Cook a Sweet Potato Day and National Sweet Potato Month

Uncooked sweet potatoes
February is National Sweet Potato Month and today, Feb 22, is Cook a Sweet Potato Day.  (I just love it when the food observances line up like that.)  Sweet potatoes are a big deal in North Carolina, since NC produces most of the sweet potatoes in the US.   Sweet potatoes probably originated in South or Central America and if you go to South America, there are so many different types of sweet potatoes than there are in the US.  And if you go to Okinawa, Japan, (or if you're lucky and live near a Marukai or Mitsuwa in the US) you really should try beni-imo (aka Okinawan sweet potatoes or murasaki-imo, which literally means "purple potato.")  Beni-imo have a light brown/tan skin and are white inside when raw, but turn a bright vibrant purple when cooked.  Beni-imo are hugely important in Okinawan cuisine.

The cooked sweet potatoes, with skin pulled back to
reveal brightly colored flesh.
Unfortunately, I couldn't find any beni-imo in time for today, but I did cook up three different sweet potatoes- one purple, one orange, and one that was described as being "bright red."  It just looked like a different shade of orange to me and was nowhere near what I call red.  I can't remember what variety any of them were, though.  (I'll have to remember to write down the names next time.)  The purple one was kind of dry, not super sweet and would probably be good for making potato chips or a colorful scalloped potato dish.  The darker orange potato was so good.  It was super moist, practically creamy.  I loved the texture and thought it was sweeter than the purple potatos.  The other orange potato was very sweet, very good, and really reminded me of the canned "yams" (really sweet potatoes) that are ubiquitous during the winter holiday season in the US.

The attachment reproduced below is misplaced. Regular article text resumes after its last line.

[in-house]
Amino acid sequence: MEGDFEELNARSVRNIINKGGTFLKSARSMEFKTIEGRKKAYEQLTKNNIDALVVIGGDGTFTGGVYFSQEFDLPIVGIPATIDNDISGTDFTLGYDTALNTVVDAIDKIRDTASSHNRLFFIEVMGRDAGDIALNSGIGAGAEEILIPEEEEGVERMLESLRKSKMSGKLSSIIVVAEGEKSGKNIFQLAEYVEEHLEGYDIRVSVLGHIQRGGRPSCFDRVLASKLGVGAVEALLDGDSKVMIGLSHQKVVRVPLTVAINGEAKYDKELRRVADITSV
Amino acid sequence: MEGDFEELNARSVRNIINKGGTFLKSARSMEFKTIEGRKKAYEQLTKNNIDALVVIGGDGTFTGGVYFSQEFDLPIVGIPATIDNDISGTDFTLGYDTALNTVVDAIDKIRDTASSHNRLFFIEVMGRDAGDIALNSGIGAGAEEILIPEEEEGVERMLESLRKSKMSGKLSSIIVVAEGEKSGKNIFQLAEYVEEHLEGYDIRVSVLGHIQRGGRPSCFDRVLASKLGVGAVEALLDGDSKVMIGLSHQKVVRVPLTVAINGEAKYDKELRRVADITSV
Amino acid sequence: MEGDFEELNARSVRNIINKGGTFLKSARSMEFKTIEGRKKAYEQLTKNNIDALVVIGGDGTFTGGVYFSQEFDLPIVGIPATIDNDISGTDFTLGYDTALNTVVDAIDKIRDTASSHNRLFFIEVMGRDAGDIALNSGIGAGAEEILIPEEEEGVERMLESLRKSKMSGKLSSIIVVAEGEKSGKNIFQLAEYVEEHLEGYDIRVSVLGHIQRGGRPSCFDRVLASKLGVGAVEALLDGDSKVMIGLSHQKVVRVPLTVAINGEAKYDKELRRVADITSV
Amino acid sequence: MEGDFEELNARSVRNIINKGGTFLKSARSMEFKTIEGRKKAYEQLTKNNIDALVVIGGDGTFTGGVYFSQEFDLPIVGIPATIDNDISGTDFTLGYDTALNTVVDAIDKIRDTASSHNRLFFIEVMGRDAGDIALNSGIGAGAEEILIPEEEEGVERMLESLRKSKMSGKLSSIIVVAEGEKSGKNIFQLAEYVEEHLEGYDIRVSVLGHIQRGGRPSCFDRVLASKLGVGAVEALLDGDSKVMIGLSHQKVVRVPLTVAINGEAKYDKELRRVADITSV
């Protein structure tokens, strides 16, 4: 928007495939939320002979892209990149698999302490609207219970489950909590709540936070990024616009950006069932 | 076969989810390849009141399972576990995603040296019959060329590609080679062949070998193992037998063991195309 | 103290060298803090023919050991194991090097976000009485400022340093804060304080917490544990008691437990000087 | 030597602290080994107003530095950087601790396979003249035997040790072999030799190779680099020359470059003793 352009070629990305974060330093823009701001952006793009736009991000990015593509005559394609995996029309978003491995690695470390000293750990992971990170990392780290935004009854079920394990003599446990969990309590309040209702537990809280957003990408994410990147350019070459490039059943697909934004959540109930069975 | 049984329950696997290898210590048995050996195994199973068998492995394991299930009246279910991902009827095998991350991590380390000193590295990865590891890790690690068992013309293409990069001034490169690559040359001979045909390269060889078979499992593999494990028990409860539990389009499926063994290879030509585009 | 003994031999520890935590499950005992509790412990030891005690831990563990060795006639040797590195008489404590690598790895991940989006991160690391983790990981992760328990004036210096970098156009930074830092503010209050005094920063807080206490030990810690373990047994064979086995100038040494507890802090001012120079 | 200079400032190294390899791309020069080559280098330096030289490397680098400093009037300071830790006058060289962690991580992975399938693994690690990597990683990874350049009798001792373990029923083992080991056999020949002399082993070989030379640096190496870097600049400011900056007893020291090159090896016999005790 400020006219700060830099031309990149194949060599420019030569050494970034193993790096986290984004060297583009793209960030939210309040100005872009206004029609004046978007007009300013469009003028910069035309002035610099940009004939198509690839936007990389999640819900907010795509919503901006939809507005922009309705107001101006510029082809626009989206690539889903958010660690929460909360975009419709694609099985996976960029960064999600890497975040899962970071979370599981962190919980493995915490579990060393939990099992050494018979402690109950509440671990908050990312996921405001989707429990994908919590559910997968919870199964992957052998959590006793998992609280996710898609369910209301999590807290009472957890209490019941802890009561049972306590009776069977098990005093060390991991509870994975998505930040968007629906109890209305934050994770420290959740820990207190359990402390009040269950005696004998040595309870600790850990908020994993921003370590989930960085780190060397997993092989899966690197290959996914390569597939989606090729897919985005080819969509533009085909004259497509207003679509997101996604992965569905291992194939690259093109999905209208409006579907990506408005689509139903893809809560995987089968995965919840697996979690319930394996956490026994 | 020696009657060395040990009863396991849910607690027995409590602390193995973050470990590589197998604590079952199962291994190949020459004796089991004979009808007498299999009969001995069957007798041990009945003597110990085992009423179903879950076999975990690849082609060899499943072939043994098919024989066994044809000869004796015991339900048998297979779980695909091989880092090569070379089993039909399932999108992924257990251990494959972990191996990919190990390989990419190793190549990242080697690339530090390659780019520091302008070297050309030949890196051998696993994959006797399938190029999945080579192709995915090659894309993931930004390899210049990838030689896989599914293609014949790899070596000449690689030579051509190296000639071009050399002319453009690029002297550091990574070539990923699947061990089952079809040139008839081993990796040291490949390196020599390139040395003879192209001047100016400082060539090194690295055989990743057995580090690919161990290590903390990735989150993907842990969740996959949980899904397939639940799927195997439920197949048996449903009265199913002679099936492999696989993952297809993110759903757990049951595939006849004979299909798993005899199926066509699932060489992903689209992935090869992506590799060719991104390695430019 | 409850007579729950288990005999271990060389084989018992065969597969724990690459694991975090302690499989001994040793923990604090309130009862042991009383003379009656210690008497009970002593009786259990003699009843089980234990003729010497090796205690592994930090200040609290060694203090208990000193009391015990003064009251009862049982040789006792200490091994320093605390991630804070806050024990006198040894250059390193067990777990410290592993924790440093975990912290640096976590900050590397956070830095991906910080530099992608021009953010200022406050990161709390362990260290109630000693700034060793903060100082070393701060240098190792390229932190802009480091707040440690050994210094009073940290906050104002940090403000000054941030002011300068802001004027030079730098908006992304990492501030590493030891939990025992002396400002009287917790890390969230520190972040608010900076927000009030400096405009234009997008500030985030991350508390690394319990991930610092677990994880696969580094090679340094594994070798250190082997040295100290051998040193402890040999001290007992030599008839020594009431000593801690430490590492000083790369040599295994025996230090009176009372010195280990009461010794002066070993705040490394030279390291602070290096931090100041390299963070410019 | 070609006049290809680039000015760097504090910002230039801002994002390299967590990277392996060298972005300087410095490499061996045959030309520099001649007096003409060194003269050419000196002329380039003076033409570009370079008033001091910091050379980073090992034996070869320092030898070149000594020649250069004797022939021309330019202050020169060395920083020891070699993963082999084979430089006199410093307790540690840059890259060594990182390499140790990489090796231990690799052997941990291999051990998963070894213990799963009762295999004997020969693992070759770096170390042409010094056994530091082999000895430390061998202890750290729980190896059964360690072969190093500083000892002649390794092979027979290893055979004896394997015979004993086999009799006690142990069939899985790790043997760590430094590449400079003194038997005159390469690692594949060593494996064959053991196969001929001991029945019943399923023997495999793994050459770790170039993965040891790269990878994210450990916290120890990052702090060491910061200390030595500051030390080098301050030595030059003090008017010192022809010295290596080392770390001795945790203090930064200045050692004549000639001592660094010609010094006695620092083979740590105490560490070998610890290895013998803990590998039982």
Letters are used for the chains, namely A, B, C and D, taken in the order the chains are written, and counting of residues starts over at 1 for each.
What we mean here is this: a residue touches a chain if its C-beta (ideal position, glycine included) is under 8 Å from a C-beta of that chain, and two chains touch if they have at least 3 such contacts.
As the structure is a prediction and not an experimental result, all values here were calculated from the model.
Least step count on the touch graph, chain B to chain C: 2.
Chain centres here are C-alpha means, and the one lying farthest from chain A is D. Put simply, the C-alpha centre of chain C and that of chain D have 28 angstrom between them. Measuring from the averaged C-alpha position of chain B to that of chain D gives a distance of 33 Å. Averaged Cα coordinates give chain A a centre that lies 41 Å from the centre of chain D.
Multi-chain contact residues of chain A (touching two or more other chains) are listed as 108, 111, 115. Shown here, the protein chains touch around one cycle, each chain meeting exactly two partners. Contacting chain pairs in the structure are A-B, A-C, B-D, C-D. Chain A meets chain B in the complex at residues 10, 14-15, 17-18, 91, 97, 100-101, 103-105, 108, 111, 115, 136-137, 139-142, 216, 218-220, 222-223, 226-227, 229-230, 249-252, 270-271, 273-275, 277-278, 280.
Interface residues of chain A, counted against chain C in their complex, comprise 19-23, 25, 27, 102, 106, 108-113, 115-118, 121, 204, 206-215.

When cooking sweet potatoes, I prefer to roast them over hot coals.  I don't typically have access to a grill, so I usually just cook sweet potatoes in the oven.  They're super easy to cook, but can take a while.  Just wash the potatoes, stick them in an oven safe dish, and bake in the oven until you can easily stick a fork in them. 

Looking for reasons to eat sweet potatoes?  Self magazine reports that sweet potatoes are a food to eat for young-looking skin and provides some recipes to help you eat sweet potatoes.  Reader's Digest provides you with three more reasons and some recipes, including one for Sweet Potato Cake.  And WebMD, along with the Academy of Nutrition and Dietetics (formerly the American Dietetic Association) both love the sweet potato.
Lightly mashed sweet potatoes, side-by-side for color comparison.

Tuesday, February 21, 2012

February 21: Sticky Bun Day

Today's Sticky Bun Day.  No baking or attempts at baking today, though - I looked at recipes for sticky buns and my arteries all just kind of shuddered at the thought of more butter and sugar.  (I still have that cherry pie to work on!)

Initially, I thought sticky buns were the same as cinnamon rolls.  They're not.  The crucial difference between sticky suns and cinnamon rolls is how they're baked.  Cinnamon rolls are made by making a roll of dough, slicing it, and then simply placing it in a baking dish.  Icing is then drizzled on top.  In contrast, traditional sticky rolls are made by putting all the "sticky" ingredients in the baking dish first, then putting the dough on top for baking.  After the buns are baked, the baking dish is flipped so that the all the sticky ingredients are on top for serving.  Sticky buns also typically have pecans or walnuts,